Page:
Sara's sister sent us wine

One of the really scary marmots
We set a personal record the next day with 125 switchbacks.  Our previous high was 91 so this was a big day for us.  Whichever trail crew built the section of trail between the top of Flora Peak (just over 13000' and the valley below should do landscaping work because the trail was incredible.  Aside from actually having switchbacks where they should, the crew turned all the rocks in a talus slope to create a flat-ish road for us to walk on.  It was incredible.

Later that day we climbed James Peak, which was just over 1330', and then had an awesome walk on the CDT again.  In case you have not noticed, we enjoy walking on the ridges.  We were able to camp somewhat legally(?) at Rollins Pass at the entrance to Indian Peak Wilderness.  We had a gorgeous sunset, no wind, and woke up to elk grazing outside the tent at sunrise.

Push-ups below Hope Pass
Hiking a sweet ridge edge
Quick pushup update.  Sara is still doing at least sets of 20, sometimes 40, sometimes 64.  I am still in one set, although the last few days have been rather on the difficult side.  We have 65 today, still looming over our heads.  Why did we think this was a good idea?

Our last full day of this stretch we put in some miles.  It helped that we dropped down to a measly 9,000' and had flat, well groomed trail, but we still pushed it.  Late in the day we hit Monarch Lake, which by dem-bones logic is connected to the Granby Lake, which is connected to the Shadow Mountain lake, which is connected to the Grand Lake.  And all of these aquatic appendages are connected to Lake Powell by the Colorado River.  We had the great realization that when we urinate it flows down to where our friends get to guide river trips on it.  Anyway, all these lakes have more water than Arizona.

Climbing the trail
As we were passing through a campground we stopped at the Little Moose Trading Post where Connie (the woman who runs the place) takes awesome care of hikers.  She immediately offered us food and drinks and most importantly, a chair.  Our quick stop turned into gatorade, ice cream sandwiches, muffins, and chips.  We left an hour later armed with three chocolate brownies, which went very well in our pudding that night.

 With only 10 miles to go the next morning we slept in before tackling the blow-downs on Knight Ridge.  The bark beetle has completely ravaged this area so any wind that comes through creates a nightmare for trail crews, fire fighters and hikers being chased by bears.  This section was supposed to be incredibly bad, so I took more weight in the pack since I can steeple chase most fallen logs and this allowed Sara to nimbly pole vault over the worst of them.  In many areas there were three or four trees fallen on top of each other, criss-crossed with the next group.  We ended up going higher up the ridge off trail and found it to not be quite so bad.  Sara had some lovely stomach issues that day so it was good we did not have to go to far.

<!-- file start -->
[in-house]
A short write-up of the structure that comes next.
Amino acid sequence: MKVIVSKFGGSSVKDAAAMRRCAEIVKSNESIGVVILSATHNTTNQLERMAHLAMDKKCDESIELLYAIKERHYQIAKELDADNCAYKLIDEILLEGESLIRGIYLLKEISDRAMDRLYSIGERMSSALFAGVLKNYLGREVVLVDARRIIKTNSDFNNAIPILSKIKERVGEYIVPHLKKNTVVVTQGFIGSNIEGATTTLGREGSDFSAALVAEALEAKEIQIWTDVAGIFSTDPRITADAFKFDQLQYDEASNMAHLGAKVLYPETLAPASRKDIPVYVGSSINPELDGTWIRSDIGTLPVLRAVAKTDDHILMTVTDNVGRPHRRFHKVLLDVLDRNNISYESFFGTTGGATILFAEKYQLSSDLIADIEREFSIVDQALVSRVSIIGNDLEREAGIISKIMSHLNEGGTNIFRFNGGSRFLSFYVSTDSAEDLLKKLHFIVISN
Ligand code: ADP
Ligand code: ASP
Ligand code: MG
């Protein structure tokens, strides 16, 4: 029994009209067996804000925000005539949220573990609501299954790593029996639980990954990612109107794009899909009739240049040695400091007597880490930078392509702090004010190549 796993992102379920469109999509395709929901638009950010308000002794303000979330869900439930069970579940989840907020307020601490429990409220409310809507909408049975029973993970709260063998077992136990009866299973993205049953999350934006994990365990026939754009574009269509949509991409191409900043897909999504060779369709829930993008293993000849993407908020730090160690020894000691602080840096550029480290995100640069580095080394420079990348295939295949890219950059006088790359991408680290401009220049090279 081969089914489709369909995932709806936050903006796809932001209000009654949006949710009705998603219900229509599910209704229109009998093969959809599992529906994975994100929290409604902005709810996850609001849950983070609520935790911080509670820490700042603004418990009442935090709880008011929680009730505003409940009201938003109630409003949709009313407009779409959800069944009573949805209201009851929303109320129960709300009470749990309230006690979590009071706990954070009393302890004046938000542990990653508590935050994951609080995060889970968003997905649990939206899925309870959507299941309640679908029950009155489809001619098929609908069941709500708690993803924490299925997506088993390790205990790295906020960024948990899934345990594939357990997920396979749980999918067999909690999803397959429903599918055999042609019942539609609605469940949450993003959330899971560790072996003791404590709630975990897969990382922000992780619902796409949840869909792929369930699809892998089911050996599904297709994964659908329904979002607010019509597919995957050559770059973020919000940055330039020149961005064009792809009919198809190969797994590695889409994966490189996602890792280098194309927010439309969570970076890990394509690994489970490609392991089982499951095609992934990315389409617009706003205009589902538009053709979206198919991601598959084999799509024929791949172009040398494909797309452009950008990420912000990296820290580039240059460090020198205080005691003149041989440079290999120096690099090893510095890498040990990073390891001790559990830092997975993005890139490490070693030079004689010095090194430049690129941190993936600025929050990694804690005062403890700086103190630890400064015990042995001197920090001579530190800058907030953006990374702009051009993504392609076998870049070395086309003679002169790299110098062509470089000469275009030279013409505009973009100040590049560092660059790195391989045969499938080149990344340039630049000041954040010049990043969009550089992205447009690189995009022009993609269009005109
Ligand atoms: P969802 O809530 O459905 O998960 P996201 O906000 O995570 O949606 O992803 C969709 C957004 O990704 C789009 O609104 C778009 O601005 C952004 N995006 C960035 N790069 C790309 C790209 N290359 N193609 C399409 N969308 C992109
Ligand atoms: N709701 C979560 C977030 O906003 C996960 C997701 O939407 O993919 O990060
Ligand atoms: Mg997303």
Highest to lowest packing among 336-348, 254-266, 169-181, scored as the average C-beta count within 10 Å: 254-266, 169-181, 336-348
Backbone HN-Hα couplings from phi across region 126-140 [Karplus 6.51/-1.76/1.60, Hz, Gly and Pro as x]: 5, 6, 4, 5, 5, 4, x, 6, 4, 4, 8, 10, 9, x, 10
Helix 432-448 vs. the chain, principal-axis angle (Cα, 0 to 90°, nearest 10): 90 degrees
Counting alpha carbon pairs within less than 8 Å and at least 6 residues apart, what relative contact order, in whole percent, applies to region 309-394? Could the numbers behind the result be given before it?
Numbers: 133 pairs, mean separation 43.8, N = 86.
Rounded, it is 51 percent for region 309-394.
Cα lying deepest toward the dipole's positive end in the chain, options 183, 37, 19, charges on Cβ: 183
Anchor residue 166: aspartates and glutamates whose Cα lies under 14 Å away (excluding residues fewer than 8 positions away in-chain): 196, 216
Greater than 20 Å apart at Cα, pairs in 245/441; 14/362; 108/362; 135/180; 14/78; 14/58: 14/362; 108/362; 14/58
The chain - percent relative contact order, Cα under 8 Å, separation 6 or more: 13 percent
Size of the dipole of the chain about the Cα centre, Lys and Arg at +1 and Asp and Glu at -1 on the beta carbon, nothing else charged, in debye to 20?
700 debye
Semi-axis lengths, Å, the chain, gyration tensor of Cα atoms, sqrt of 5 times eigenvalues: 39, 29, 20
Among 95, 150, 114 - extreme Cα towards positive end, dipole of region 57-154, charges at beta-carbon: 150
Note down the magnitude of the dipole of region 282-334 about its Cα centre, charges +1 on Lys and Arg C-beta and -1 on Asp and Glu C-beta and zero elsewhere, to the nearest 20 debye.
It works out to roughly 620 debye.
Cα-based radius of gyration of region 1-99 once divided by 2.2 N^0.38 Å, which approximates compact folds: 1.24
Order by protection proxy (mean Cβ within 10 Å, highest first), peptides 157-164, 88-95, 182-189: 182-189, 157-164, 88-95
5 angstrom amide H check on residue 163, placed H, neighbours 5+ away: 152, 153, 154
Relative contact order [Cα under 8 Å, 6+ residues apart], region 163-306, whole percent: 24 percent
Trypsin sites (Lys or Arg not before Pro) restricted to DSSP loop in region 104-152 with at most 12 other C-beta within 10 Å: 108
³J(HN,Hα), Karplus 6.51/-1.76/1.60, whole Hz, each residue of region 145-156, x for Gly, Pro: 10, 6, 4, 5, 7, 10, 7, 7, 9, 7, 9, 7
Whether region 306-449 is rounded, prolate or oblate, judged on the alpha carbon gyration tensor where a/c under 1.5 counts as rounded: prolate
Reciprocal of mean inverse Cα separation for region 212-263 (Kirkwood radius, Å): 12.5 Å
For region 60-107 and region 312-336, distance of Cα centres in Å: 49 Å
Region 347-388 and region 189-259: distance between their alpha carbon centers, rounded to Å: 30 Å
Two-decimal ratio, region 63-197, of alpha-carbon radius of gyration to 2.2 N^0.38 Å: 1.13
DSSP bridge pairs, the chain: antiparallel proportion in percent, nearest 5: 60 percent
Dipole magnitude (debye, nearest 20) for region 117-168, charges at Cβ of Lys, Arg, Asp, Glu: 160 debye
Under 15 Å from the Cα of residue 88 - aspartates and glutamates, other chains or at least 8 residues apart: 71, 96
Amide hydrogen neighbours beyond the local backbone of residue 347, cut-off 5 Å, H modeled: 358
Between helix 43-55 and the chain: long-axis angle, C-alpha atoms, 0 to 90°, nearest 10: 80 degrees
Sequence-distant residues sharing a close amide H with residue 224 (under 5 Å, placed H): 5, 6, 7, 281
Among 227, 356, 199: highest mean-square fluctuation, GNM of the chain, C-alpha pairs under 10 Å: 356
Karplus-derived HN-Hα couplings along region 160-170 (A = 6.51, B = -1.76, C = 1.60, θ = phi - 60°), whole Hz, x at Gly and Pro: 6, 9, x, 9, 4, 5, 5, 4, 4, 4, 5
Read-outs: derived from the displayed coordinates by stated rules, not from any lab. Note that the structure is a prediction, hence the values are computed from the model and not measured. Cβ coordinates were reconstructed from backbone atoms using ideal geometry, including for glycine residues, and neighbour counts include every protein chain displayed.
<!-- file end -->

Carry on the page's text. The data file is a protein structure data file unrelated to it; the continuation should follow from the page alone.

Sara outside Indian Peaks Wilderness

the Divide from James Peak
We got into Grand Lake just in time to take shelter from a rainstorm that blew through.  Sara's parents met us up here with their new camp trailer and Zeno!  I was worried he would not remember us after so long on the trail but he nearly jumped out the car window trying to get to me.  Definitely made my day to be covered in dog hair again.

At the top of Mt. Elbert
Originally our plan was to day hike a 25 mile loop in the Park today, but a fire on the trail closed that section.  Instead we are just relaxing for today and tomorrow before heading toward Steamboat Springs.  'Tis all for now.

Happy Trails

Track and Field

Monday, June 24, 2013

Billy, Elbert, and Marmotocolypse

What a stretch!  Jack was still with us for 5 of the last 7 days and we covered some up and downs.  We noticed that since we joined the Colorado trail we have been doing less staying on ridgelines and more down a valley, up to a pass, down a valley, up to a pass, etc.  This means lots of hard walking on knees and quads, but also a lot of varied terrain.

From Gunnison we left Monarch Pass and put Jack to the test.  We covered over 18 miles in just over a half day and that was our short one.  He handled it like a champ.  We gave him "monster" status the way he handled climbs.

After going up and over Chalk Pass early in this section, we dropped into a sweet old mining valley.  There was also a For Sale sign on some property just out of a wilderness area that Sara and I already have plans on turning into an adventure base.  We ended up following this old railroad bed up another valley to where a tunnel had collapsed, effectively ending the usage of that line.  The next morning we tried a cross country route to the top of a 13,000' peak, which put us on a sketchy snow-chute traverse then knife edge scree field.  We bailed on the peak and dropped back to Tin Cup Pass.

 After a few more up-downs (we crossed so many Passes this week I have forgotten most of them) we climbed a super steep section to Hope Pass, where I saw my first mountain goat.  Sara calmly informed me that we will see them all over Glacier, but for me it was a big deal.  She wouldn't let me chase it though so I had to settle for a picture.  The goat ended up traversing above us until we set up camp, then laid down and guarded us through the night.